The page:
Summer holidays are a prime time for extra mess, so it should be a top priority to get your laundry range in order. Nikki Allen finds out how you can increase your sales.

Why invest in laundry?

Consumers run 4.4 billion washing loads a year, with the average household washing clothes up to five times a week.

Shoppers buy laundry products 14 times a year, creating an opportunity to give them a reason to visit you at least once a month.

“All those washes translate into cash, with laundry worth £111m in the convenience market,” says John Drake, Procter & Gamble head of convenience.

“The average shopper visits their local store 3.6 times a week, spending £10.90 per trip on the category.”

It’s not just core washing powder that offers opportunities to convenience retailers – 94% of shoppers also buy detergent and stain removers, while 71% buy fabric conditioner.

But while volume sales are rising by 6.1% in the sector, value growth has been slower. Retailers are also losing up to £40m a year in laundry sales due to poor availability and out-of-stock products.

Nick Widdowson, Partners for Growth merchandising & creative controller at Unilever, says shoppers want to see the brands they trust, so retailers should make sure their shelves are kept fully-stocked with the bestselling products.

“While some shoppers may switch brands if they can’t find what they’re looking for, ultimately, they will go elsewhere,” he explains.

Do it: Use your EPoS data to identify your bestselling lines.

Get the right core range

With so many products to choose from it’s easy to overload your laundry shoppers. You should focus on a tight core range that contains powders, capsules, conditioners, washing liquids, gels and stain treatments.

Drake says: “We have worked with retailers to help them simplify their laundry offering, focusing on lines across varying prices and making shopping the laundry category much simpler.”

Kent retailer Amit Patel, owner of Belvedere News, Food and Wine, follows this strategy in his store. “We want to give customers a choice, but not too much so that it becomes an inconvenience, so we stock one or two big brands and a discount brand for each household product,” he explains.

To get a clear range that meets shoppers’ needs, follow trends in the sector. Consumers are moving from dry formats like powders and dry tablets into formats such as liquids and liquitabs, for example.

“While powder detergent is still the biggest section of the convenience market, accounting for 35.3% of value sales, wet formats are driving growth in the main wash category, giving convenience retailers real opportunities,” says Widdowson.

You should also pay attention to the affluence of your shoppers. More affluent laundry consumers tend to buy skin friendly or premium fabric conditioners, while less affluent ones tend to go for powders.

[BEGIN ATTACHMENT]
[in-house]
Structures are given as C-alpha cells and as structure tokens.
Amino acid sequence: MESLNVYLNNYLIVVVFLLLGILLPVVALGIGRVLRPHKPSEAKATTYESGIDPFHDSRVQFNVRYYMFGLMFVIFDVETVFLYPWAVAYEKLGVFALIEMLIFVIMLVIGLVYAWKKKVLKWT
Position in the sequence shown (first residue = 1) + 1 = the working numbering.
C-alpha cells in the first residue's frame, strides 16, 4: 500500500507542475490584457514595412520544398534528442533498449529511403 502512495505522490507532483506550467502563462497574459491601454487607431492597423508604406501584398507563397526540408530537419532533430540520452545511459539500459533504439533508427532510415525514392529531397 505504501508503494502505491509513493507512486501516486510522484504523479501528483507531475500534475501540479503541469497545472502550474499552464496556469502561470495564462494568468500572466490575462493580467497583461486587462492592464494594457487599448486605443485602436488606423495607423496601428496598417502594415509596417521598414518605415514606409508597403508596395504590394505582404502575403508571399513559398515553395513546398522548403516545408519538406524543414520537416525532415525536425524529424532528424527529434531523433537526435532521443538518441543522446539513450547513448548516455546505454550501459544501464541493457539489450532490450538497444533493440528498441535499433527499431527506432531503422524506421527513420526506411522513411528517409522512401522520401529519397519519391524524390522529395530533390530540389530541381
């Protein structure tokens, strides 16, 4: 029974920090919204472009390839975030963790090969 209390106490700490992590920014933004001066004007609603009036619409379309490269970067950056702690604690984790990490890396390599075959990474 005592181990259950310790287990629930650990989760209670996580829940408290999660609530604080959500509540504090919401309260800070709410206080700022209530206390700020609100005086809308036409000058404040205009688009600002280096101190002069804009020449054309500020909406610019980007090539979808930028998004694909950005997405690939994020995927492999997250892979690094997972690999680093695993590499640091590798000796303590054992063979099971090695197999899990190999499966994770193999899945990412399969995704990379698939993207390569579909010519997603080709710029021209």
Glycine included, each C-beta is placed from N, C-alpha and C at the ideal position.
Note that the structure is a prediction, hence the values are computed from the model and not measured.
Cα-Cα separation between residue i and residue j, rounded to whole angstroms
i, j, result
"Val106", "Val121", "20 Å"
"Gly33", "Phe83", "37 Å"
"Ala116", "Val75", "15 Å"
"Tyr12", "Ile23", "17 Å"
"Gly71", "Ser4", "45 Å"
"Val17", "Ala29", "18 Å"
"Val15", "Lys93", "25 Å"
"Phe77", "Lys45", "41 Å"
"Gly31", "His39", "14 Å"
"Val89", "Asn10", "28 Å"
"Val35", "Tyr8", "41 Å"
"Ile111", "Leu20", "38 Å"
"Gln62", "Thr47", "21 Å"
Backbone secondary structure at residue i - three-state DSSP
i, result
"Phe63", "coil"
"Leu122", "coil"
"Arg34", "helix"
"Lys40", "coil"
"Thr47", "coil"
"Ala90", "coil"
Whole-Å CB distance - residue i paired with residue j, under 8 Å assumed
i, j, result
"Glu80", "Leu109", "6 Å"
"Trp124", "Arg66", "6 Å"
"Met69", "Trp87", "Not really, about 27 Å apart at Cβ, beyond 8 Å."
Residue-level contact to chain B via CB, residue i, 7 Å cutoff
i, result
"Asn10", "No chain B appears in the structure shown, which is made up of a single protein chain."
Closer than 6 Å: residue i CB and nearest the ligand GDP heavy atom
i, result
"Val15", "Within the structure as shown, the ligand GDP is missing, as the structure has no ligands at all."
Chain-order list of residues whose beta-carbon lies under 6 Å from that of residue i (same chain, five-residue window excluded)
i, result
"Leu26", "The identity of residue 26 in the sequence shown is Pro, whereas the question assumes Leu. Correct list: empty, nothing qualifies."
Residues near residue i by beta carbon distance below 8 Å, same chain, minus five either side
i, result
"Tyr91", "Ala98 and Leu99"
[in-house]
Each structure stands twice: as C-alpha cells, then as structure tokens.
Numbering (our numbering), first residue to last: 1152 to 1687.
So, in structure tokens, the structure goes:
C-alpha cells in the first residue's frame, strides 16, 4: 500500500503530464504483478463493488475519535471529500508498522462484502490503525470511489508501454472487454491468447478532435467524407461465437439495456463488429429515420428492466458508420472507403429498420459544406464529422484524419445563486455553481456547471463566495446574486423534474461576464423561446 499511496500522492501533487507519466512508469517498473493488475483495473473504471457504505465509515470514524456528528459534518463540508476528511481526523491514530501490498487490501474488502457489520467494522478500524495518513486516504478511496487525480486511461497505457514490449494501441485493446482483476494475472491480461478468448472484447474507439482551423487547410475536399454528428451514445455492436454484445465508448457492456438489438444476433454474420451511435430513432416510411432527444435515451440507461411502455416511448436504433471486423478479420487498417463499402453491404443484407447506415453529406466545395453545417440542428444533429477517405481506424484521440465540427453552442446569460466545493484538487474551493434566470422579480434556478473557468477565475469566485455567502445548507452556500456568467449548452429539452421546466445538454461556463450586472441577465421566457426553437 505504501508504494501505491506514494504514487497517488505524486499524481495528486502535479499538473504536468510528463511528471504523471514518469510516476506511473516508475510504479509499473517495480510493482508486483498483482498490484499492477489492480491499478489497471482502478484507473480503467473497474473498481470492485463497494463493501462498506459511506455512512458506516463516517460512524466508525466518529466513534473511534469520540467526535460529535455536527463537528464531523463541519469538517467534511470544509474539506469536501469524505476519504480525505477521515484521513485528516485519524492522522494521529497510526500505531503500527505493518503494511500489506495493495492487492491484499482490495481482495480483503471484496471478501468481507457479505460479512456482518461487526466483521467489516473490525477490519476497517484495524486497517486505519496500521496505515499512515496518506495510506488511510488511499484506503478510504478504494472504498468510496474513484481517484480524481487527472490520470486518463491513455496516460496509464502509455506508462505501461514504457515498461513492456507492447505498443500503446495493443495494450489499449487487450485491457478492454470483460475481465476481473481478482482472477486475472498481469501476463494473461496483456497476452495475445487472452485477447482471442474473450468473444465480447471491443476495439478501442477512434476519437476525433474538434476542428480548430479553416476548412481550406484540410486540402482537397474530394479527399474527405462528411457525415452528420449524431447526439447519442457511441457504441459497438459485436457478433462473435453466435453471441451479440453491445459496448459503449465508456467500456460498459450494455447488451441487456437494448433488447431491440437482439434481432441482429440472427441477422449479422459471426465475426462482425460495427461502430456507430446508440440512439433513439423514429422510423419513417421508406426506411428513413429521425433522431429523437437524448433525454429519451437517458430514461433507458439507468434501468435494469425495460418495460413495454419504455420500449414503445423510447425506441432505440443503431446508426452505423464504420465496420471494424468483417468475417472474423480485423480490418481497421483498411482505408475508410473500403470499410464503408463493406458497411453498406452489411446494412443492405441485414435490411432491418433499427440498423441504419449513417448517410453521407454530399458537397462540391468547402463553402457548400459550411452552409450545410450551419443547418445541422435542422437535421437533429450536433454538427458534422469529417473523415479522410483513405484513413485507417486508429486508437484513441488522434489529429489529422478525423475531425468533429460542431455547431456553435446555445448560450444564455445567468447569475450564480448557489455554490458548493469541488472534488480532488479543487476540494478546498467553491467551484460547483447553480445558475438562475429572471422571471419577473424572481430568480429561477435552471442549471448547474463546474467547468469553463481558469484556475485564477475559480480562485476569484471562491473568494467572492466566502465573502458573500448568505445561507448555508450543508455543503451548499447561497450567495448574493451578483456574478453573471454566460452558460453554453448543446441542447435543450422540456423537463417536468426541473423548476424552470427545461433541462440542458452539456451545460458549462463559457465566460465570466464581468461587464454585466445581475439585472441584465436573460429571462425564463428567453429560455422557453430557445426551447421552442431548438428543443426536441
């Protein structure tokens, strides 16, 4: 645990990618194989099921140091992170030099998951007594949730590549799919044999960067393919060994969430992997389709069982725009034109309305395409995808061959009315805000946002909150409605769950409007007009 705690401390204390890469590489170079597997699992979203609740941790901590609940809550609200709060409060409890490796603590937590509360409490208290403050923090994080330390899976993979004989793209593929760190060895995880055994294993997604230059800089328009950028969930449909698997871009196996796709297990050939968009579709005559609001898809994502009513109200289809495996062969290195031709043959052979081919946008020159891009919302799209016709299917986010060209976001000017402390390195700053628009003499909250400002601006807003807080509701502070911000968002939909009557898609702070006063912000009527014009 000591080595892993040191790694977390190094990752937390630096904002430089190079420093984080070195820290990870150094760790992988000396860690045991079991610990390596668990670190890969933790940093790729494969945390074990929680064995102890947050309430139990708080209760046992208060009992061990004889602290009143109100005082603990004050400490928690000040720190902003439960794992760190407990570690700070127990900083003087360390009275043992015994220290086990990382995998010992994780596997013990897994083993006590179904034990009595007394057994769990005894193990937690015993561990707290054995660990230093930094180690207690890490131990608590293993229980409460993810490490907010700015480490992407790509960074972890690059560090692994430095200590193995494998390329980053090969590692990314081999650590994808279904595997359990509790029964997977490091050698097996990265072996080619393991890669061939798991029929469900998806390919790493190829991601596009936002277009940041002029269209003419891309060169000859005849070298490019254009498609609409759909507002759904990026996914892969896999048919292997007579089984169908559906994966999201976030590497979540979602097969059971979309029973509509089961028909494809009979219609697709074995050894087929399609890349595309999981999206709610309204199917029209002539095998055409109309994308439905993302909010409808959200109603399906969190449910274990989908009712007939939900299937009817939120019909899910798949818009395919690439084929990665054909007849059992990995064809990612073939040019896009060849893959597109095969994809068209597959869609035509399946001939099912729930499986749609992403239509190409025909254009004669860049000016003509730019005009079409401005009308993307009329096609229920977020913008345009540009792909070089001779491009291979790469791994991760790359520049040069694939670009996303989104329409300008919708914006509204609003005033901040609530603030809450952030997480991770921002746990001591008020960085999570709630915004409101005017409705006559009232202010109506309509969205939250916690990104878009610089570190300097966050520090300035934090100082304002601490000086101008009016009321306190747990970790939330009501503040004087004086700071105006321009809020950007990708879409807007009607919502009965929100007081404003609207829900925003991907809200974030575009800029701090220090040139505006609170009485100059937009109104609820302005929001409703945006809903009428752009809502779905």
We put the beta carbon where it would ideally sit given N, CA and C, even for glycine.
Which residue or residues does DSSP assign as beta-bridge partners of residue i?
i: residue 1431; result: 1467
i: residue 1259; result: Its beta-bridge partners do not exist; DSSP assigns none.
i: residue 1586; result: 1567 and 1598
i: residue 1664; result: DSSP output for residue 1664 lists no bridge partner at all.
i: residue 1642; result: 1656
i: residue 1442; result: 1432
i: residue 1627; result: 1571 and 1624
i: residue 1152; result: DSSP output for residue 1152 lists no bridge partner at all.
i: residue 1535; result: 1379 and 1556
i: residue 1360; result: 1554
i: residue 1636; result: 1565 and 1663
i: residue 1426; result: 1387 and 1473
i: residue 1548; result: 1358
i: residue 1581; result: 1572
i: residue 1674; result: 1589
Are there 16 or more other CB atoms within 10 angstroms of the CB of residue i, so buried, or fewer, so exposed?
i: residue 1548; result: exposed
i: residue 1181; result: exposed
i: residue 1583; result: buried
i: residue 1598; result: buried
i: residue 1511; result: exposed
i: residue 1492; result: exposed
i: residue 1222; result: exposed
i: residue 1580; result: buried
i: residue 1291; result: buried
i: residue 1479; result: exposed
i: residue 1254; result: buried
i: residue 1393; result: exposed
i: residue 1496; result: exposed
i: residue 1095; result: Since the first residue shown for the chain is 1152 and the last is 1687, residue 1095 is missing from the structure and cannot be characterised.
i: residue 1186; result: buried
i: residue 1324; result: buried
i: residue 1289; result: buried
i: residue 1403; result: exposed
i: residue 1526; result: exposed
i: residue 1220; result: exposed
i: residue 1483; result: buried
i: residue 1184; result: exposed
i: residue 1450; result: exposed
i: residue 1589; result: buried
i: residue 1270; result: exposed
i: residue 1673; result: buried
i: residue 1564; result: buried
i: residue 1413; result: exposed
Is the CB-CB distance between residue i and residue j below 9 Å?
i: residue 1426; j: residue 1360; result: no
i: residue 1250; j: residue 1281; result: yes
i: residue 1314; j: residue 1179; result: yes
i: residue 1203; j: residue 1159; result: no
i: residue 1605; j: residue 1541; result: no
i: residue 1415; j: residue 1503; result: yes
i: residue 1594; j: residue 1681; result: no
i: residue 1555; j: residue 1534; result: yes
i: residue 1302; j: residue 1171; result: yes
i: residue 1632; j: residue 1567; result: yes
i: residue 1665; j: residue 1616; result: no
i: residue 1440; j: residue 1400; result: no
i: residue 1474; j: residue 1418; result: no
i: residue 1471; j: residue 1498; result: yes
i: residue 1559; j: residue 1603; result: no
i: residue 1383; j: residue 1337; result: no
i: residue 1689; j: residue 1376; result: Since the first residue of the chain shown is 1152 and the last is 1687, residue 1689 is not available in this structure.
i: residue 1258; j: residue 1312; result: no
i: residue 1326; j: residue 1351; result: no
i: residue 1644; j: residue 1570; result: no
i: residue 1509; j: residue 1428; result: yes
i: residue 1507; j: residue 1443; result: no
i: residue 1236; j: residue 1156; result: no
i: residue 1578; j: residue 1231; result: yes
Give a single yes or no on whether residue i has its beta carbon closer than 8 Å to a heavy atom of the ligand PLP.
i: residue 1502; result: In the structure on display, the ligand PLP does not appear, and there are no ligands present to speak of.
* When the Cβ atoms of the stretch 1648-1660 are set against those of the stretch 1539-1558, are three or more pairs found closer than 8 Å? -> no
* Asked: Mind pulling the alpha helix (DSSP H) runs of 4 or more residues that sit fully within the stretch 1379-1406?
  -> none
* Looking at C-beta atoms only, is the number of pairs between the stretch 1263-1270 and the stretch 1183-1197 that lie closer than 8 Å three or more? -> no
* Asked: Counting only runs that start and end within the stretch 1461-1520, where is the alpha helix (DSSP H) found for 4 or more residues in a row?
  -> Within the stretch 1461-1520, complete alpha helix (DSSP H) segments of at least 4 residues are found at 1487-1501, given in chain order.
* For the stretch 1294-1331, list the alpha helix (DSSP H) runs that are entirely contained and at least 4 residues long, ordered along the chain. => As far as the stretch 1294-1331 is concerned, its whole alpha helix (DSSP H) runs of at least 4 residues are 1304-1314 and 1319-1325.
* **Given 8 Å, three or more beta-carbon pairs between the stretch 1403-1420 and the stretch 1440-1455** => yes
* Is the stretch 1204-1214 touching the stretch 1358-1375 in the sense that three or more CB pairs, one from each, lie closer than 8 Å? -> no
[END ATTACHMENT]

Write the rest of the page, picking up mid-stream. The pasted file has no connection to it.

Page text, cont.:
Do it: Make sure you are stocking the bestselling powders, capsules, conditioners, washing liquids, gels and stain treatments.

The power of price-marks

For 33% of consumers, knowing a convenience store sells price-marked packs influences their decision to visit it.

“Consumers are looking for the best deal and, while they accept that they often pay a premium for the convenience of shopping locally, they are less inclined to do this on large items such as laundry,” says Widdowson.

Patel agrees. “Everything is driven by value for shoppers, so we stock PMPs in the laundry sector as much as we can. It’s why our Euroshopper brand goes so well,” he says.

Supporting the trend towards value, the own label laundry market is in growth of 6.9%. Cath McIlwham, Spar head of brand, says: “Own label is essential in the laundry category to offer consumers lower cost options.”

Offering a broad range of prices on a tight range of brands is the best way to approach the laundry category.

Drake says: “Retailers should stock lines like Ariel Pods and Liquid at the top end, through to Daz at the value end and Fairy Non Bio for buyers looking for sensitive detergents. This is what shoppers want and will bring value back into the category.”

Do it: Talk to your wholesaler or symbol group about introducing a range of own-label laundry products.

Retailer View

James Brundle“In my three stores, we have a laundry range that includes bestselling brands, as well as a few own-label products. This helps us target people who want big brands and those looking for value. Liquid formats are definitely growing more than dry powders.

“Overall, the laundry category works fairly well for us as an impulse or top-up area, as shoppers often come to us when they run out of the essentials.”

James Brundle, Spar, London and Kent